Ebola, the end of Daylight Savings Time, and November political elections: besides the fact that Americans are dealing with all three of these things right now, they all seem to have nothing in common.
But they do have something in common — they’ve all triggered a significant amount of stress and anxiety across the country; from worrying about a pandemic spread of Ebola to suffering from Seasonal Affective Disorder (which occurs in thousands, if not millions, of people during the winter season as a result of decreased exposure to sunlight), Americans have suddenly encountered a slew of anxiety-inducing events.
The easiest solution is often to see a doctor and get a prescription — with Americans consuming over 50% of the world’s prescription drugs (despite being only 5% of the world’s population), it’s easier than ever to grab a script and pop some pills. Even when a prescription is obtained and consumed legally, it’s clear that Americans are becoming heavily dependent on drugs, rather than seeking alternative treatments that are less invasive.
Eating healthy foods and exercising often are two pieces of advice commonly given to those struggling with anxiety, but a new stress-fighting habit is starting to take over: knitting.
Seasoned knitters (and crocheters) are likely very familiar with the therapeutic benefits of knitting, and they may have even encouraged friends and family into taking up the hobby. But research studies are providing even more substance to the argument. Carrie Barron, a psychiatrist at the Columbia College of Physicians and Surgeons, states that hand-based crafts (most notably knitting or crocheting) promote cognitive function while also staving off the onset of arthritis.
The constant mathematical process of knitting produces a calming effect, Barron explains, but it also stimulates brain activity — as much as 60% of the brain is used when a person engages in a hand-based craft activity. Not only does a knitter experience a feel-good biological effect from knitting something to completion — even more so when the item is knitted for another person — but regular joint movement in the fingers is actually a preventative defense against arthritis.
Knitting may be getting the spotlight for now (especially since sweater weather is well under way at this point), but it’s likely that other alternative methods for reducing anxiety will pop up in the news and in academic journals.
Liz Careathers of StrongSensitiveSouls.com says, “As more and more people are suffering from anxiety in this fast paced technology driven world, people are starting to look towards their anxiety to see what they can learn from it instead of simply labeling it as a ‘disorder.'”
Says Nicole Swaggerty-Valdes, Ph.D., owner of Nicole Valdes, Ph.D. and Associates, P.A., “There are a number of non-pharmacological ways of treating anxiety, although in some cases medication is indicated, at least while an individual’s anxiety is in an acute phase. The problem is that benzodiazepines are so effective at treating anxiety, many people don’t look beyond them, which can become problematic because they are habit-forming. Anxiety is a signal affect, meaning it’s the mind’s way of telling you something isn’t right. Insight-oriented therapy helps the individual get to the root cause of anxiety and make lasting changes in the way they respond to stress. Cognitive-behavioral therapy is also helpful as it teaches coping strategies and helps the individual learn how their unhealthy thought patterns are triggering anxiety.”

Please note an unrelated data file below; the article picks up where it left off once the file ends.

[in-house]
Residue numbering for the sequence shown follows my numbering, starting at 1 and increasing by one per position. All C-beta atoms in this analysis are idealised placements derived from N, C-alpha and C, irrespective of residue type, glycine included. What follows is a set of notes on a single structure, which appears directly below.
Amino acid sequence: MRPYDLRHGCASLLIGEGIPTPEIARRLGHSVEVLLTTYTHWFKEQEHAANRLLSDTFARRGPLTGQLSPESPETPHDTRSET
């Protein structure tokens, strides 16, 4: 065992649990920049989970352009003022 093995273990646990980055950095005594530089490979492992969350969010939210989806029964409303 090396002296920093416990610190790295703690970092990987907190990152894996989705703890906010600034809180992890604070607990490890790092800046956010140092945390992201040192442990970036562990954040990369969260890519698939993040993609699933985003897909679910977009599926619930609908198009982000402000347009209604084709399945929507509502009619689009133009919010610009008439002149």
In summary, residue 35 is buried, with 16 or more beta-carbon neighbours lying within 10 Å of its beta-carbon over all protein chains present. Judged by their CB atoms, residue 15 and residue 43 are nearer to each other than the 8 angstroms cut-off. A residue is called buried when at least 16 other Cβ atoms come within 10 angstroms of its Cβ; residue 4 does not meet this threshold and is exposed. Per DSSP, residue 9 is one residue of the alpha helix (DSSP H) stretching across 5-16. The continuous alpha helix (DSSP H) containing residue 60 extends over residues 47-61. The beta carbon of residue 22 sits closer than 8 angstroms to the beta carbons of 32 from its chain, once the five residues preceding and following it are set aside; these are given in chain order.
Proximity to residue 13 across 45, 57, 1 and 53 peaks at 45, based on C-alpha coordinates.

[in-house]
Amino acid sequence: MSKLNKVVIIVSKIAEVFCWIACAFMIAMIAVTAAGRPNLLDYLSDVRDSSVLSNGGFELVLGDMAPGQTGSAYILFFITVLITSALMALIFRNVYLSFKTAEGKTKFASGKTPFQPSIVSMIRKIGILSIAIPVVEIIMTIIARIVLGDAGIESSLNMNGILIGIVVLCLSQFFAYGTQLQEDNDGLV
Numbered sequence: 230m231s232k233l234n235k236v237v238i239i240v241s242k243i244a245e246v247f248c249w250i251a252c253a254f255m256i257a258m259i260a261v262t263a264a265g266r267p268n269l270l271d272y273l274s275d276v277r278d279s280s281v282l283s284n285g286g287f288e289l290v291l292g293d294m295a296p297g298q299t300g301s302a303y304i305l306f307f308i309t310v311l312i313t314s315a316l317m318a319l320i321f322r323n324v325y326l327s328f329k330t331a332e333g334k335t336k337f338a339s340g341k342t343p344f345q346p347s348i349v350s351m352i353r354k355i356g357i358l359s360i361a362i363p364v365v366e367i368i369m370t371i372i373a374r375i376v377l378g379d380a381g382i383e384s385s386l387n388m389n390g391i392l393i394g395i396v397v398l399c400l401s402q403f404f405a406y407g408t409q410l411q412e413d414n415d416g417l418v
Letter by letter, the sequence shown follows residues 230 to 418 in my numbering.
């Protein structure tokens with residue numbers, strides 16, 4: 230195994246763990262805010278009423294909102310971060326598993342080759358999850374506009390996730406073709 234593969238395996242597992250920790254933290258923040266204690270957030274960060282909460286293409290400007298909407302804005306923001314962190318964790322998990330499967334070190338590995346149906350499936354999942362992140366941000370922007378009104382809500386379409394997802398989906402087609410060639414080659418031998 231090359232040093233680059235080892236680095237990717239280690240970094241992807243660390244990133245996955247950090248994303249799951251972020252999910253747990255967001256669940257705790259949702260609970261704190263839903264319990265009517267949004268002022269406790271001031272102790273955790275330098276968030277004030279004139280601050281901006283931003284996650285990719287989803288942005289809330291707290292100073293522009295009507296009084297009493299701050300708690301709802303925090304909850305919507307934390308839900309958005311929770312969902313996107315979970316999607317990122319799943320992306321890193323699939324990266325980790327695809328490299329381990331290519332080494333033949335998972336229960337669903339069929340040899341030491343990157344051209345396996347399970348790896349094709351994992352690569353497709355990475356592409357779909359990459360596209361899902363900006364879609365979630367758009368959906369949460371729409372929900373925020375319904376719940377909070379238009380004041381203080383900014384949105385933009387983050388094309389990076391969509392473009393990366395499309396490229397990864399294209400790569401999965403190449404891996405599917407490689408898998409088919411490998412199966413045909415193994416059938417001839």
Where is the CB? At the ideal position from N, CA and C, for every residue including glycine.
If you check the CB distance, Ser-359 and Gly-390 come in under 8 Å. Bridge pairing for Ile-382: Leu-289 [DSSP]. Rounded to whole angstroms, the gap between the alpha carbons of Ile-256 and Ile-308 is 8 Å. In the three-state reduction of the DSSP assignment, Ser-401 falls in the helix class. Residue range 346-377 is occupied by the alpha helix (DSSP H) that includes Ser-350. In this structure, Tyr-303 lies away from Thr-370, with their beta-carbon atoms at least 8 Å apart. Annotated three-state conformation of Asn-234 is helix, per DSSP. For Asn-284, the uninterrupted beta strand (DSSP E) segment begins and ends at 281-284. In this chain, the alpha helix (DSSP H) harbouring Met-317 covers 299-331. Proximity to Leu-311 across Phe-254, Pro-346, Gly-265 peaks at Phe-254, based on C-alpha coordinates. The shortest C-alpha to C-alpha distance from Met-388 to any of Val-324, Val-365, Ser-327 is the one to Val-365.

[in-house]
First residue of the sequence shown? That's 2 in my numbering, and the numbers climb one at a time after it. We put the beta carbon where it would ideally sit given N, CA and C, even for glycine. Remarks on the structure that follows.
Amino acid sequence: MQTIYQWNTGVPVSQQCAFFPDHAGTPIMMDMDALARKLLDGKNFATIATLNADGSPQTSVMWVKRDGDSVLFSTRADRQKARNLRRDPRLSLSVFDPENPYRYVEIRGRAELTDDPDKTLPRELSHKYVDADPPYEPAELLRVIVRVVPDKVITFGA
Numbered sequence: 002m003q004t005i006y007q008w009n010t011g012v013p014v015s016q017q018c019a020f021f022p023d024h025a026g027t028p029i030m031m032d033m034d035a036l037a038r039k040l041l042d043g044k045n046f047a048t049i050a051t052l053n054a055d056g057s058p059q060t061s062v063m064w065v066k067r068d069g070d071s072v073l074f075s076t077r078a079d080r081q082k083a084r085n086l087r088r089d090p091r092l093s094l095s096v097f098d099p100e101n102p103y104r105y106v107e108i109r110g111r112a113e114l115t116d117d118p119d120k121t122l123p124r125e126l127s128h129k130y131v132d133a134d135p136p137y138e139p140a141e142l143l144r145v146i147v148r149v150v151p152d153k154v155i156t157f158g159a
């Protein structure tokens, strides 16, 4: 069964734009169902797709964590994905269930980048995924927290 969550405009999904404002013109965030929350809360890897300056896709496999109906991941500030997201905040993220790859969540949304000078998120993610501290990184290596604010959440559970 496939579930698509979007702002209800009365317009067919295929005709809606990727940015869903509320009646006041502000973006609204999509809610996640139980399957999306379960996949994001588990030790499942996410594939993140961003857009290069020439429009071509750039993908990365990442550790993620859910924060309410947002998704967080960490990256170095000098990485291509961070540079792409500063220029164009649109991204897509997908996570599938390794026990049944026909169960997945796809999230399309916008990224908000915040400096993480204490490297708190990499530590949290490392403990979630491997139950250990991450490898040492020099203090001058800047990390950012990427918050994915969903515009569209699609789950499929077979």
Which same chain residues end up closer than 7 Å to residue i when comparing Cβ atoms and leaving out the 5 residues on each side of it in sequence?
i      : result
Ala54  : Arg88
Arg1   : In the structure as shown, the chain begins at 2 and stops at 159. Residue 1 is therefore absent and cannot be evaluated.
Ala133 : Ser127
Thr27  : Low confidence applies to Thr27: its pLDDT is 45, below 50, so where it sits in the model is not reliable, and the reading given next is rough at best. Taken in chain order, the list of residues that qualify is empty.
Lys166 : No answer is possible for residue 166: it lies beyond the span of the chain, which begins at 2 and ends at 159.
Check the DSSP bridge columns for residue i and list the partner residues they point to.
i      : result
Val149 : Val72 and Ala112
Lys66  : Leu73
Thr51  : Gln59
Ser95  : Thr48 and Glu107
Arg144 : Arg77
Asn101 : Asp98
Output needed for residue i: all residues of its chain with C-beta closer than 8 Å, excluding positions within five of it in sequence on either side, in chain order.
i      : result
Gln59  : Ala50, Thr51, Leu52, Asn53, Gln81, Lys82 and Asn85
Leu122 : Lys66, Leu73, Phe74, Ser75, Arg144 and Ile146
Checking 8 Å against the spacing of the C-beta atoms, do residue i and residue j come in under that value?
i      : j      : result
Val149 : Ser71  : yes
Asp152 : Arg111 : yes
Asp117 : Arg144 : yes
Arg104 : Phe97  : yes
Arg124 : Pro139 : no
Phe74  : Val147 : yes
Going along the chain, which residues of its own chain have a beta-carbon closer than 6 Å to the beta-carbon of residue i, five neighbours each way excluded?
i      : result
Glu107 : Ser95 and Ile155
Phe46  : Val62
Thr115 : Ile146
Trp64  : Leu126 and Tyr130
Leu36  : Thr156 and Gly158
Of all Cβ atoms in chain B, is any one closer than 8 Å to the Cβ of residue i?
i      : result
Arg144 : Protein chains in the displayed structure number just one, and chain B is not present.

While monitored use of prescription drugs for anxiety and depression are often very helpful, more doctors are recognizing that reliance on prescription drugs can occur very quickly and can be very harmful in the long run. As more health organizations advocate for stricter regulation of prescription drugs, and as high-tech databases become more able to detect possible drug abuse, finding a healthy technique for managing stress is something that everyone should do before the anxiety becomes unbearable.
“Many people are waking up to the dangers of pharmaceutical drugs and are looking to natural ways to treat their condition: meditation, yoga, deep breathing, time in nature, and herbs like CBD,” says Ross Pittman of ConsciousLifeNews.com
Katherine Altneu of The Point, an acupuncture clinic here in Denver, says, “Acupuncture is fantastic at treating and relieving anxiety. It’s so good at it that I think of it as a side effect of acupuncture – meaning that even if anxiety relief is not the primary goal of treatment, patients feel less anxious and less stressed. This is because acupuncture has been proven in research studies to get the brain into the parasympathetic nervous system (rest and relax mode), and out of the sympathetic nervous system (stress and anxiety mode). And acupuncture has both immediate and long term effects – you walk out feeling an improvement and less anxiety immediately, and after several treatments your anxiety is usually significantly reduced.”